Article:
House Price Impacts of Racial, Income, Education, and Age Neighborhood Spatial Concentration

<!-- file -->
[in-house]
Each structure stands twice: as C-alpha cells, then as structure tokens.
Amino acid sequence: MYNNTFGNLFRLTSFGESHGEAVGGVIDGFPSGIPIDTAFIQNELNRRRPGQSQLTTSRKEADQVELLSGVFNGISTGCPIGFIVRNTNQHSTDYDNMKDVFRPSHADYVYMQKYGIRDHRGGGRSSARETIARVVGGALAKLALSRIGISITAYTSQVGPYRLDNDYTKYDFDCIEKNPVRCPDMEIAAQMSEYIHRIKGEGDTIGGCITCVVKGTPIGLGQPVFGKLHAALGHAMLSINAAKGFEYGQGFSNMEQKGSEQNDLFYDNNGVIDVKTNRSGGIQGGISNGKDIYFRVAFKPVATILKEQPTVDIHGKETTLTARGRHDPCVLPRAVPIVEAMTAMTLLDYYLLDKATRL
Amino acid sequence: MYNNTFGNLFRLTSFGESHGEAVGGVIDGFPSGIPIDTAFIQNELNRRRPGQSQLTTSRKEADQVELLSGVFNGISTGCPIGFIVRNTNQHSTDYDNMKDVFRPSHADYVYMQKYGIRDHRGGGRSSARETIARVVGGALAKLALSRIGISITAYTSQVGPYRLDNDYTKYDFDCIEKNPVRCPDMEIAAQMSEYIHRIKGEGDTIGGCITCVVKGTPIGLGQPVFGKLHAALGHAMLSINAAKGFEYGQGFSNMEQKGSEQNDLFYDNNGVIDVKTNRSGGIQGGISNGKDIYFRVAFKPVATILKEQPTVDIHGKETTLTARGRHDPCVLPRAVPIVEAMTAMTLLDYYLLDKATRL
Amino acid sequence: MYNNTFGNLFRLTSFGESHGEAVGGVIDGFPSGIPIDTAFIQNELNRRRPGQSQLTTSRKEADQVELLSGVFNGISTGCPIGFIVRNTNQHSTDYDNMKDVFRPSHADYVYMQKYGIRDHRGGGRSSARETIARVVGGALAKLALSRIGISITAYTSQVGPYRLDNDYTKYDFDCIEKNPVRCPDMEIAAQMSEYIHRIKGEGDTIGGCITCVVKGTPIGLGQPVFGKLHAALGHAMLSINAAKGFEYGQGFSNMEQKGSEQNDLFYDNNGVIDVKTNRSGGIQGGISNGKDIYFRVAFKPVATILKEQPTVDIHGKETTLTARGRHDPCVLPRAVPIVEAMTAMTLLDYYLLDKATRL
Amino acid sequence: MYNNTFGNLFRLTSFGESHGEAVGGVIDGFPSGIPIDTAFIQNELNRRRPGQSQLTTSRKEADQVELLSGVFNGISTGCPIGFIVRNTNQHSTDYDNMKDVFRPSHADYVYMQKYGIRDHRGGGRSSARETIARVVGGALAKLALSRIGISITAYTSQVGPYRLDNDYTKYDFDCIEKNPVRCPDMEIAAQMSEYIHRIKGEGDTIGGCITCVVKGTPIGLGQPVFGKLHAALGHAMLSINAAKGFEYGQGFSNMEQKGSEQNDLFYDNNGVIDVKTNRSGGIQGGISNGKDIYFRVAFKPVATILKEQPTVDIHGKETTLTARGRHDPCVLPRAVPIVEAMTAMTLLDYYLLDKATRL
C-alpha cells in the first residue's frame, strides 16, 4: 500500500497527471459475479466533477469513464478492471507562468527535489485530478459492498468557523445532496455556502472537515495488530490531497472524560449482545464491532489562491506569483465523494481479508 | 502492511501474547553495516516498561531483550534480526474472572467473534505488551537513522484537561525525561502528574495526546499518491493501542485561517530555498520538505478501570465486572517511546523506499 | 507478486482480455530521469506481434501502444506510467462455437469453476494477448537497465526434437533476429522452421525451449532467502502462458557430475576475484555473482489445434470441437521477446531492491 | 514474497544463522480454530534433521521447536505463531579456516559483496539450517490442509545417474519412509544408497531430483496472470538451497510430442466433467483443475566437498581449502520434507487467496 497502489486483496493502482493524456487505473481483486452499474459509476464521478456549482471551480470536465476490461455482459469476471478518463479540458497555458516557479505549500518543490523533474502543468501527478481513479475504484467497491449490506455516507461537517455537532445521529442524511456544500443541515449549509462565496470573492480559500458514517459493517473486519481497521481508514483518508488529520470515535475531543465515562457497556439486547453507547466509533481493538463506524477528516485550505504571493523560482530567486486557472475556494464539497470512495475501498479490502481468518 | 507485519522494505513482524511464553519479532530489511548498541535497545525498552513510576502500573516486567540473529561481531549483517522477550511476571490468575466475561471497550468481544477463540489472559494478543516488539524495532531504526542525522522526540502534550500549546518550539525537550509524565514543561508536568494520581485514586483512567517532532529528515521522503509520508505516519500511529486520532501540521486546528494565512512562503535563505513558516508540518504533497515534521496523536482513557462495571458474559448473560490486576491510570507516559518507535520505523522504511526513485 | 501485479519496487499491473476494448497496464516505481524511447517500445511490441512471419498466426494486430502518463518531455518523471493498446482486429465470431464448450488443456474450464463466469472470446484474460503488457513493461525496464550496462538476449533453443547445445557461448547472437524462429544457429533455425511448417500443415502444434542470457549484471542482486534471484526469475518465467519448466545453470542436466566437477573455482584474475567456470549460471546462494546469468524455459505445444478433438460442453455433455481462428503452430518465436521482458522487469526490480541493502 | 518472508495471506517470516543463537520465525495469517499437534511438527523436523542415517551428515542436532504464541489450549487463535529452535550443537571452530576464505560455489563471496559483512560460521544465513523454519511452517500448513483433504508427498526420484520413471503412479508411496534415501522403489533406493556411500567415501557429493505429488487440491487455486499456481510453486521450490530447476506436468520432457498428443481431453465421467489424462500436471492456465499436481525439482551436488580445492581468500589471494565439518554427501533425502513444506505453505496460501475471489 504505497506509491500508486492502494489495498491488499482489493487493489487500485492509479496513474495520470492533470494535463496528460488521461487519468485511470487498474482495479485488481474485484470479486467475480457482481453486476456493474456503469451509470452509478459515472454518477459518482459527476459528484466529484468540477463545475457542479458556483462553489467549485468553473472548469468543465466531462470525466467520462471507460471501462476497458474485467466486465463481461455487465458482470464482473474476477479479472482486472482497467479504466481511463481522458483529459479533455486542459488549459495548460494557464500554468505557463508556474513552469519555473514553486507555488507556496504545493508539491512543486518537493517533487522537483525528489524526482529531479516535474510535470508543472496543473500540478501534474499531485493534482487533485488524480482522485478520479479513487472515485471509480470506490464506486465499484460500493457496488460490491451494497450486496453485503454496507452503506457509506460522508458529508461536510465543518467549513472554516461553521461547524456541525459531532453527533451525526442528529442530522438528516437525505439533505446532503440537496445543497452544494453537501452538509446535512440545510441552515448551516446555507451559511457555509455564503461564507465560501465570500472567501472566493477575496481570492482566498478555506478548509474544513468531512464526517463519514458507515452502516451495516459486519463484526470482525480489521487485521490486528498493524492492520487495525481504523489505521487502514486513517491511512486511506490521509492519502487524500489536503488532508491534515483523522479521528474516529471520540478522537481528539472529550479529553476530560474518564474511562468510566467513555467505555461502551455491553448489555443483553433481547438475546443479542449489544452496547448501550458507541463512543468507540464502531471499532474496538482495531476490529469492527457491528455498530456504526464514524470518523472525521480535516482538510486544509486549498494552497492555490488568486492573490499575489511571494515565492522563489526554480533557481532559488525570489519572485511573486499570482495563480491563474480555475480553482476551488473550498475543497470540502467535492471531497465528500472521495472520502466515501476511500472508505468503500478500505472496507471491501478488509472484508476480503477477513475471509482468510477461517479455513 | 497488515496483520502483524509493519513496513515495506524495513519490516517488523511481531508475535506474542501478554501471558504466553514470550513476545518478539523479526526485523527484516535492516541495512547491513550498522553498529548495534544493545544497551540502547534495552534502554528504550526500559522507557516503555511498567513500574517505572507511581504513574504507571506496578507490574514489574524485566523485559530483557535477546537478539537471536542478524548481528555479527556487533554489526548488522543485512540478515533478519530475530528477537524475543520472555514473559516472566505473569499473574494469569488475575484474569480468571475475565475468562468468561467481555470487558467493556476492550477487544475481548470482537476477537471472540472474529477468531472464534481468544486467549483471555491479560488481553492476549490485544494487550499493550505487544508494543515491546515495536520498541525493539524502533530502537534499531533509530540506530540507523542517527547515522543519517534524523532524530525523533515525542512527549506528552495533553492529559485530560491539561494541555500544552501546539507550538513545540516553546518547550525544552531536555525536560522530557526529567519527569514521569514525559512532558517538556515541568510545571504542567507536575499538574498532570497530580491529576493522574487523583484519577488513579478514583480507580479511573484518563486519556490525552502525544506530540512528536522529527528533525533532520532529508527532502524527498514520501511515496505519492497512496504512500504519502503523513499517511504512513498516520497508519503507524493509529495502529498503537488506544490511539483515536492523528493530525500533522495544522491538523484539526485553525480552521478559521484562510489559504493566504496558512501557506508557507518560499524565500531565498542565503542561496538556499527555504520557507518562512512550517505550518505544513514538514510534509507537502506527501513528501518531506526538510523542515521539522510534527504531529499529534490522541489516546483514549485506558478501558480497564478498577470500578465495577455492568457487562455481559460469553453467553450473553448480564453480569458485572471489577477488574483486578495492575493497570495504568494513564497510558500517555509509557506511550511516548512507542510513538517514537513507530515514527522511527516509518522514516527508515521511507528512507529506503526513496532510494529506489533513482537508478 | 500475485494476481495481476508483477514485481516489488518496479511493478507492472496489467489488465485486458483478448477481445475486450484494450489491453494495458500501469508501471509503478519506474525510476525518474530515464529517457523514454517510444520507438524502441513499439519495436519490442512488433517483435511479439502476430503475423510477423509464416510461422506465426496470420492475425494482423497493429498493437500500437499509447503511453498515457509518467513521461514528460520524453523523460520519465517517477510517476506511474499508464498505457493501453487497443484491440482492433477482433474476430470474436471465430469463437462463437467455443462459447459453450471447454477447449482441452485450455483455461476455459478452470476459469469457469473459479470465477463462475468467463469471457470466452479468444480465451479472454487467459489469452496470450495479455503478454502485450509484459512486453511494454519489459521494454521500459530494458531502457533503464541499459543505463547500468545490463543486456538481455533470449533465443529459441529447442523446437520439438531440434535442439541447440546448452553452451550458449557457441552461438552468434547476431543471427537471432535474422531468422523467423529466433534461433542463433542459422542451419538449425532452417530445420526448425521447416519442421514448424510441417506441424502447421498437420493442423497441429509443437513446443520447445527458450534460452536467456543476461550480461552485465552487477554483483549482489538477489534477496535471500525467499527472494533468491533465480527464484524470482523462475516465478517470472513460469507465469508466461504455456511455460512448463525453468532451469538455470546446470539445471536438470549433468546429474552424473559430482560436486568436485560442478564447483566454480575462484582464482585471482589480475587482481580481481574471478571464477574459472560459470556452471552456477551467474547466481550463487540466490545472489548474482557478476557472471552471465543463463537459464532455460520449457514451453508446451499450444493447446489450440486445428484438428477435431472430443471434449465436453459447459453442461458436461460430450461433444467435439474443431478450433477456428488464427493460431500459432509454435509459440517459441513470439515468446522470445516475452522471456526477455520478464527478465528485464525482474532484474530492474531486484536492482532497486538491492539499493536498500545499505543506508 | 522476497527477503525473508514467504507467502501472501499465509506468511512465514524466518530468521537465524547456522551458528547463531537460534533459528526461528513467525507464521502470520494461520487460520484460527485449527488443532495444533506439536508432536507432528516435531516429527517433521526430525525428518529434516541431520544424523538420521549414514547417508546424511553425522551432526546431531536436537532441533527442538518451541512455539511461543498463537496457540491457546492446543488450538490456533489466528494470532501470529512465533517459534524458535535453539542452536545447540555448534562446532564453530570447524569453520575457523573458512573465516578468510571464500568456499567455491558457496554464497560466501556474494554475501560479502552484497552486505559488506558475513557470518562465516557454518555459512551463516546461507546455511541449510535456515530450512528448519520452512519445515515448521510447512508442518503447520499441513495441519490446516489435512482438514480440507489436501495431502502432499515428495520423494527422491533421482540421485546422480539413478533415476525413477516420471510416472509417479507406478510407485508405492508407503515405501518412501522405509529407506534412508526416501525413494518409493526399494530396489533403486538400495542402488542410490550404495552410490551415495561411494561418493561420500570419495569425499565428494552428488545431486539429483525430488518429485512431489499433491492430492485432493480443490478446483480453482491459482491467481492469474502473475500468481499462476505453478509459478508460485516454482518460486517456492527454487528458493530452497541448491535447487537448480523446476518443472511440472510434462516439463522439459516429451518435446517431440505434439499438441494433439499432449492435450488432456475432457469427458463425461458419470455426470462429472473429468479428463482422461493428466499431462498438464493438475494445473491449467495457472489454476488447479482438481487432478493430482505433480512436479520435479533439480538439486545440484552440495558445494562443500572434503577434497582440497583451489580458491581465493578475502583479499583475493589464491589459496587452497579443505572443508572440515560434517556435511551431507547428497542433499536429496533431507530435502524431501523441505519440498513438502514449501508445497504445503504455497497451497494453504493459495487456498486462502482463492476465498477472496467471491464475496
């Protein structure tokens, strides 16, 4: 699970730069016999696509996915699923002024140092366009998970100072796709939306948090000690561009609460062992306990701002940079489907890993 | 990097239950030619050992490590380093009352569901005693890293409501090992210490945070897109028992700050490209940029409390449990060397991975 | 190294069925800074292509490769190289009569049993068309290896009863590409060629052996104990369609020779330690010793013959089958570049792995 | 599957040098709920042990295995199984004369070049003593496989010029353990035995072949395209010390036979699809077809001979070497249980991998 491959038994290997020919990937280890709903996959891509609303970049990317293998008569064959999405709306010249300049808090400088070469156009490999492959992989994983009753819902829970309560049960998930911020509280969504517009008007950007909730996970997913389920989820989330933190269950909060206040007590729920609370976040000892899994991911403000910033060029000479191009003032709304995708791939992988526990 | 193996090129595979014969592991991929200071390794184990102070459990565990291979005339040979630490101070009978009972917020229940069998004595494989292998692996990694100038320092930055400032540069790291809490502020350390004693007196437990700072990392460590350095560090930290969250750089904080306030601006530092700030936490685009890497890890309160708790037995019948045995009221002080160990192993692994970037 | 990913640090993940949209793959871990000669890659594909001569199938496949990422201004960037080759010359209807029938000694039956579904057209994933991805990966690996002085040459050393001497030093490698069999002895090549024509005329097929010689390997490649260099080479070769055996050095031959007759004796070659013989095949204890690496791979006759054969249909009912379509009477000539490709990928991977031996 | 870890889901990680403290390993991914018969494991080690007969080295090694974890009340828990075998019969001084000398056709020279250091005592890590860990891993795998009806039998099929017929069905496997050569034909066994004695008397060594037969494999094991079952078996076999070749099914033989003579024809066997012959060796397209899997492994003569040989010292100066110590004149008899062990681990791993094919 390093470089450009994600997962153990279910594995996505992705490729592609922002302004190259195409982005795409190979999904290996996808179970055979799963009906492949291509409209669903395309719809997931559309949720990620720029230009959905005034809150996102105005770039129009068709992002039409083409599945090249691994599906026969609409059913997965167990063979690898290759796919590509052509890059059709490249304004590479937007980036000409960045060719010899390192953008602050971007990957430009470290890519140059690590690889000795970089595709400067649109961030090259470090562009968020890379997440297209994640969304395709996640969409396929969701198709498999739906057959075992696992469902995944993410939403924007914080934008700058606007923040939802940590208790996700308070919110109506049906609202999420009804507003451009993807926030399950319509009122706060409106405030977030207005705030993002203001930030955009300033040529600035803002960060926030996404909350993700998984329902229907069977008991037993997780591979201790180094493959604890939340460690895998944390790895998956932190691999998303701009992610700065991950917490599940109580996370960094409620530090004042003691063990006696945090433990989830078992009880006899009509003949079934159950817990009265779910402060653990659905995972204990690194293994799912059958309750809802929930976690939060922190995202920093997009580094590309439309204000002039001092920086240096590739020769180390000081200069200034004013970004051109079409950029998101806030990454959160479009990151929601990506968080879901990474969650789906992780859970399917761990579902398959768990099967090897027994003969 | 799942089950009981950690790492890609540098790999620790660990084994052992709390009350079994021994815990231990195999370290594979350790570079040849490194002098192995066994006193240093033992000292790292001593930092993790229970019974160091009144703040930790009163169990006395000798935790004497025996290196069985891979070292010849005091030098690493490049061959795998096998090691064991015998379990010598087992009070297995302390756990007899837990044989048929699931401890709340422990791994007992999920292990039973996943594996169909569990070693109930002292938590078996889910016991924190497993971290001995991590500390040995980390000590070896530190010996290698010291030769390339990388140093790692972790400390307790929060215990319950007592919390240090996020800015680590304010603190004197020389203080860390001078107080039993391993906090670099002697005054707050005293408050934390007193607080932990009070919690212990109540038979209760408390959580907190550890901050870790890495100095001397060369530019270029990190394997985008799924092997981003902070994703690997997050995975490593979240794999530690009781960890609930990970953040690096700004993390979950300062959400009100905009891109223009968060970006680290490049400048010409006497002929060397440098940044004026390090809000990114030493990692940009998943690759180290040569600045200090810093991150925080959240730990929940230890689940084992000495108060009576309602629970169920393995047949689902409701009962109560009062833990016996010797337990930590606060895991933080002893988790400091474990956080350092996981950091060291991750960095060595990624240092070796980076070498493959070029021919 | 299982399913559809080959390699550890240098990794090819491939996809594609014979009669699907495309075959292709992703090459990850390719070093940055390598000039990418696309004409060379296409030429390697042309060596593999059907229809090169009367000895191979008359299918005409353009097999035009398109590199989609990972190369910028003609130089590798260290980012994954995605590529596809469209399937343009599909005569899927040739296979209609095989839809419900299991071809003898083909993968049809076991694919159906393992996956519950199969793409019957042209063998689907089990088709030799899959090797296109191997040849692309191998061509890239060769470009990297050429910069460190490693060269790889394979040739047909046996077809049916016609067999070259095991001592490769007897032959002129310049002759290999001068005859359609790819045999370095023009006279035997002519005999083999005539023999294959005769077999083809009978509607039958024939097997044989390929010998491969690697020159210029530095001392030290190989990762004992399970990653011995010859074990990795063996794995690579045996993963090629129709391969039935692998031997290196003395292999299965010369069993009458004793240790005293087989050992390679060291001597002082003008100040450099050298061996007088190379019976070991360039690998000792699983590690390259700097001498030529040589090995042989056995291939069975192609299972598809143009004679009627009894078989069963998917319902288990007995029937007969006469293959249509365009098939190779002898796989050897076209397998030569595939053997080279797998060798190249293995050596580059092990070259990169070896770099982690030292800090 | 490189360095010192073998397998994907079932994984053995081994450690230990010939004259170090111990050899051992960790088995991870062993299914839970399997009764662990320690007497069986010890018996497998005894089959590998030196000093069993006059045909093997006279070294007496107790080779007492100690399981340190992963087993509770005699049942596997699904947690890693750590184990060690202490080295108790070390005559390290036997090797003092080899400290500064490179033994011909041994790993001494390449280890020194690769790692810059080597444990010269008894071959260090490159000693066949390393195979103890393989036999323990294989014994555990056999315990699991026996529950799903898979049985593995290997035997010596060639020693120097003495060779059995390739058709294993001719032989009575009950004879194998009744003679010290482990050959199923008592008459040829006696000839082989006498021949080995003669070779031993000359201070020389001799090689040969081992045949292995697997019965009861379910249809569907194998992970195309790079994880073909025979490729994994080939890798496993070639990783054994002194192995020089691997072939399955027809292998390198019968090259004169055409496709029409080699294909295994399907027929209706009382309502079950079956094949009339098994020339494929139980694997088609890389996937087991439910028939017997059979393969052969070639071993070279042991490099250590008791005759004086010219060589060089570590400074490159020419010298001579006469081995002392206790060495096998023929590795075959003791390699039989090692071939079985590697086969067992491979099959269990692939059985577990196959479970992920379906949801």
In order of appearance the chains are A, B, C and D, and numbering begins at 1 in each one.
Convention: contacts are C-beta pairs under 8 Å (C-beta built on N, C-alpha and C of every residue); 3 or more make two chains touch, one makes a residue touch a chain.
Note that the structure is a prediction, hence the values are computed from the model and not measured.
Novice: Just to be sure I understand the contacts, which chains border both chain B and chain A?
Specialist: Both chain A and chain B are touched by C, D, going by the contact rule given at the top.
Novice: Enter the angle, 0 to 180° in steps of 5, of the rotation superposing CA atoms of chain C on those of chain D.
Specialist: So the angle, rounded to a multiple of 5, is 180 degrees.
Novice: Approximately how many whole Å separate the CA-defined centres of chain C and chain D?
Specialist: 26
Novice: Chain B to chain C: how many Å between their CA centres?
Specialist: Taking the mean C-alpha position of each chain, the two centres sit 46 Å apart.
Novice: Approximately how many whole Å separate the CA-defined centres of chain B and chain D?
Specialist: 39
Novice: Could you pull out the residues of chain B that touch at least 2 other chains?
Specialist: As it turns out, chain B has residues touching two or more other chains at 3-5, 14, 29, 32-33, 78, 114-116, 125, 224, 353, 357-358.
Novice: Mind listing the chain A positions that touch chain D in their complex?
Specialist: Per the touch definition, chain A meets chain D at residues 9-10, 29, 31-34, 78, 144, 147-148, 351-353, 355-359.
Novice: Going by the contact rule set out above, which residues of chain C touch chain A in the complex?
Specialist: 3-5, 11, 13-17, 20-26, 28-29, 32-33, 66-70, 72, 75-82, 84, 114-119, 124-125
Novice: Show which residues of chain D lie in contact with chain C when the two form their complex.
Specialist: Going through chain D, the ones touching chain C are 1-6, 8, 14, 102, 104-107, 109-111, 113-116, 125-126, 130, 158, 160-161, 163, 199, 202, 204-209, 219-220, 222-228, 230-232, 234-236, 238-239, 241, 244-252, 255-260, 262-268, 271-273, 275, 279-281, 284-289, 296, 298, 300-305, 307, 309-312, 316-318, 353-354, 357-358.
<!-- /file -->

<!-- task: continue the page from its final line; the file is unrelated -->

We compare hedonic price models estimated with spatial statistics in order to examine the impacts of four different types of neighborhood spatial association: age, education, income and racial clustering. Using Getis and Ord’s (1995) Z(Gi*) as an indicator of spatial clustering, we estimate the impact of segregation on housing prices in seven metropolitan areas in Ohio, USA. In addition, we examine second order clustering impacts by interacting Z(Gi*) variables. Results of price simulations indicate that a 1 standard deviation increase in spatial concentration of African-Americans decreases property prices, while increases in the spatial concentration of people of similar income, age and education level have a mostly positive impact on housing prices across metropolitan areas. Further, we find that increasing both income and black clustering or educational and black clustering does not necessarily increase house prices above the baseline, while increasing both age and black clustering has a decidedly negative effect.
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